Tomorrow, I get my braces off. I will drive to my orthodontist’s office, where the friendly staff will greet me and be excited for me (big shout out to Todd and his great staff team!). But I will likely try to look cool and collected. I’ll thank them and make a few dry humor remarks. No big deal. I do this every day.

But the truth is that I am very excited. Excited in a middle-school-this-is-going-to-be-great kind of way. I’ve been counting the days – I even got a countdown app that has been constantly running for the past 13 months. I am even taking the day off to celebrate and reflect about the whole process.

But I almost didn’t do it, the whole braces thing, I mean. Over a year ago, I sat in the consultation, with my particular dental problems projected on the wall. I heard about how orthodontics actually works, and then I read the treatment length and cost. “You have a choice here,” he told me, “this isn’t life-saving surgery. It’s elective. So, tell, me, why do you want to straighten your teeth?”

“I don’t smile in the family photos,” I said.

It’s true. When I look back through the family photos, there I am, standing in the back with a tortured, grimaced expression, looking more constipated than joyful.

“That isn’t the way I’d like my grandkids to remember me,” I added.

“Well, there you go, then,” my orthodontist said. He seemed convinced.

But I wasn’t. I walked out that day, weighing the decision. On one side was the possible benefit of smiling more, and on the other side was a very real fear. What would people say about a 60-year old man getting braces? Would they think me vain? Would they be right? Would they find it humorous or sad that I cared about my appearance? In fact, one teen asked curiously, “Why now?” He paused before clarifying, “I mean, it doesn’t matter anymore, does it?”

I eventually decided that it did matter and got the braces. Here’s why: I want to smile more. Now, I don’t know if I actually will smile more afterwards. But I do know that I want to. I want to find out: is there a cumulative good that comes from regular smiling? That is a more profound question than it appears. I’ll put the question another way: Does a spiritual good occur when you regularly open up to enjoyment? Or, what happens to your soul when you habitually accept grace?

I have been living the opposite. I repress enjoyment – and in so doing, I forfeit God’s love. Embarrassed by crooked teeth (vain or not, I felt shame), I repressed the grace that came my way. Real grace is offered me, in the form of a family vacation, holding a new grandchild, or looking into the face of someone who loves me. For a long time now, I have been regularly diminishing grace by not opening up to it. Withholding my smile is just one of the forms that my resistance takes.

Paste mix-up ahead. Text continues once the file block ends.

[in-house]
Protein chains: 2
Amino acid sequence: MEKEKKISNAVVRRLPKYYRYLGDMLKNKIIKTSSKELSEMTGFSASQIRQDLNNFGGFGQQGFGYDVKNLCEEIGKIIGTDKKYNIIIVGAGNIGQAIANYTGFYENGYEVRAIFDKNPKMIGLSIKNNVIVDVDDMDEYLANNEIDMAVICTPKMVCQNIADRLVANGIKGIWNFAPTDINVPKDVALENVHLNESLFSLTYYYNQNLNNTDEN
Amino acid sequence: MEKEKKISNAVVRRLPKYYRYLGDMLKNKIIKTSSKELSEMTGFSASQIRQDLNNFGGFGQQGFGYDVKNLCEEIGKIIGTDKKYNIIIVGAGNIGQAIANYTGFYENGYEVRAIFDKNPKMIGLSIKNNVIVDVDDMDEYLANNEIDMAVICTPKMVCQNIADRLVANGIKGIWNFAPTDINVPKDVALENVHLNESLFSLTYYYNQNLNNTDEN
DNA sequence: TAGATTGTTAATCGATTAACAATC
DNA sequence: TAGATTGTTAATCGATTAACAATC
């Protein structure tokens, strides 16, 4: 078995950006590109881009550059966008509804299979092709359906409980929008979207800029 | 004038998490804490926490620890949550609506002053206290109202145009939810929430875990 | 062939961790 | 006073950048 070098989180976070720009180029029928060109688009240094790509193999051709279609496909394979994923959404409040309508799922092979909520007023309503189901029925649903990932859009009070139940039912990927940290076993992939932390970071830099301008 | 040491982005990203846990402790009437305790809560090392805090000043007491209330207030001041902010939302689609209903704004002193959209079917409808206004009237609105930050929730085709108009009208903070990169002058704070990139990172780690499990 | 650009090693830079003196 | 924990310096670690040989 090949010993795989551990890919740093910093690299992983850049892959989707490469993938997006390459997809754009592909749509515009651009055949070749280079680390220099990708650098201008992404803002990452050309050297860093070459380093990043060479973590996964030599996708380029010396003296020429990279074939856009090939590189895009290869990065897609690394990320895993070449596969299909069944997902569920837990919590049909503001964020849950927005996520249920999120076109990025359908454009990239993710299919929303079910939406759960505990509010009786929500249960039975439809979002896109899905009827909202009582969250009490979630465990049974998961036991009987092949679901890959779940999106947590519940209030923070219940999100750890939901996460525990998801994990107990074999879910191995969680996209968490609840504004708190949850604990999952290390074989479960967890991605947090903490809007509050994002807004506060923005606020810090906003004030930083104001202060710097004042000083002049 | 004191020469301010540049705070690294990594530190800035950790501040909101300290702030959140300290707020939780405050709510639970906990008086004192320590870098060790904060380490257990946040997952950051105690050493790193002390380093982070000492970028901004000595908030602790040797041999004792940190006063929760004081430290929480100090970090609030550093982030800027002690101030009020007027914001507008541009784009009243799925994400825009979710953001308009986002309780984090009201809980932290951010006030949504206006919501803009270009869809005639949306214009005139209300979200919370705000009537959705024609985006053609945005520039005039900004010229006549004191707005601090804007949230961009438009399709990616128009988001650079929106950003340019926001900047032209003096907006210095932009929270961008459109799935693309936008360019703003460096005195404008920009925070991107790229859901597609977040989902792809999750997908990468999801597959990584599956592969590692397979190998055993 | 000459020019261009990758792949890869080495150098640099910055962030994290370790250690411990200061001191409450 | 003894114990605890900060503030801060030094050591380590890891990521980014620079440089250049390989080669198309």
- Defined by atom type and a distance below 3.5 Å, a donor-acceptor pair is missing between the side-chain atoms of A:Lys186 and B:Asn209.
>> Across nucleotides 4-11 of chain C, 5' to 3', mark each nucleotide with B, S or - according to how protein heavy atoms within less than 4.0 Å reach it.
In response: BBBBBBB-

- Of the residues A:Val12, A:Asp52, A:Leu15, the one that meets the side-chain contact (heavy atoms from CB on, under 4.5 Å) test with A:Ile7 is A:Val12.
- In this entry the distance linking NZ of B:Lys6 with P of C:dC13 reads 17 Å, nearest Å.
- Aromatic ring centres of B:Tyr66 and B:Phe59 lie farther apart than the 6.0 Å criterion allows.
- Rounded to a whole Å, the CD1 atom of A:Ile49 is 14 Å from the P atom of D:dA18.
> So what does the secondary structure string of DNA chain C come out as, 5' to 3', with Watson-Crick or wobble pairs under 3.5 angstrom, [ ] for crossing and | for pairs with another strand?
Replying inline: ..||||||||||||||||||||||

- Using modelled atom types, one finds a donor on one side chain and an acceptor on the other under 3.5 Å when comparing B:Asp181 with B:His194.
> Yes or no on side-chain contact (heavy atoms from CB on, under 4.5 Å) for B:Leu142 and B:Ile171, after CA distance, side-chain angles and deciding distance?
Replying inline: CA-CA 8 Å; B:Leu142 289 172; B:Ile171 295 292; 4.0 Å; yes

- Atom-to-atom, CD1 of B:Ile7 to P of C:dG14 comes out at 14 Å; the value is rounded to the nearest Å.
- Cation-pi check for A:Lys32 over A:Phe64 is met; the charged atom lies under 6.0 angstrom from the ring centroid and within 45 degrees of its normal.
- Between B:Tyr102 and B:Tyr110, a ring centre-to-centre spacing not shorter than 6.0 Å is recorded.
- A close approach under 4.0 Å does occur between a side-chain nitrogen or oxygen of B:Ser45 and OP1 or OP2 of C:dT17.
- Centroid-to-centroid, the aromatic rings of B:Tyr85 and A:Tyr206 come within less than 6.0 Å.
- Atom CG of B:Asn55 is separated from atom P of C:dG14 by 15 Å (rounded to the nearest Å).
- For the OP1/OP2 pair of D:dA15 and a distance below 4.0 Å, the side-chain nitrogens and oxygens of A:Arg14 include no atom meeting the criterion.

God gives me all sorts of grace and I try my best to be nonchalant. I am so full of shame about how I appear, so fearful about how I will be perceived that I forfeit the gifts all round me. I wouldn’t want to appear needy, now would I? Even though I am. I wouldn’t want to reveal my hunger, now would I? Even though it is ravenous. I wouldn’t want to show how much I long for acceptance, forgiveness and restoration, now would I? Even though I do.

All this stiff-arming adds up to a long-term refusal of grace. Which is to say, a long-term refusal of God. Incredibly, I try to self-solve my shame and fear by stiff-arming God’s love, instead of openly embracing it. Refusal of grace is sin.

For me, getting braces is repentance. Now, of course, it isn’t pure repentance – there are other motives mixed in (vanity, etc.). But straightening my teeth removes one of my excuses for not opening up to the gifts of God.

Now on to the more crucial test; will I now allow myself to smile? Will I open up to the manifold ways that God loves me? Will I, with my smile, confess my need/acceptance of God’s smile on me?





Roger Edwards joined The Barnabas Center in 1991. He works with both with individuals and couples, helping people confess their need and embrace their available choices to lead healthier lives. Roger also teaches and leads discussion groups and retreats applying the Gospel to everyday life. He is a licensed professional counselor (LPC), holds a master’s degree in biblical counseling from Grace Theological Seminary in Indiana and earned a bachelor’s degree in engineering from the University of North Carolina at Charlotte. He is married to Jean and they have seven children and nine grandchildren.



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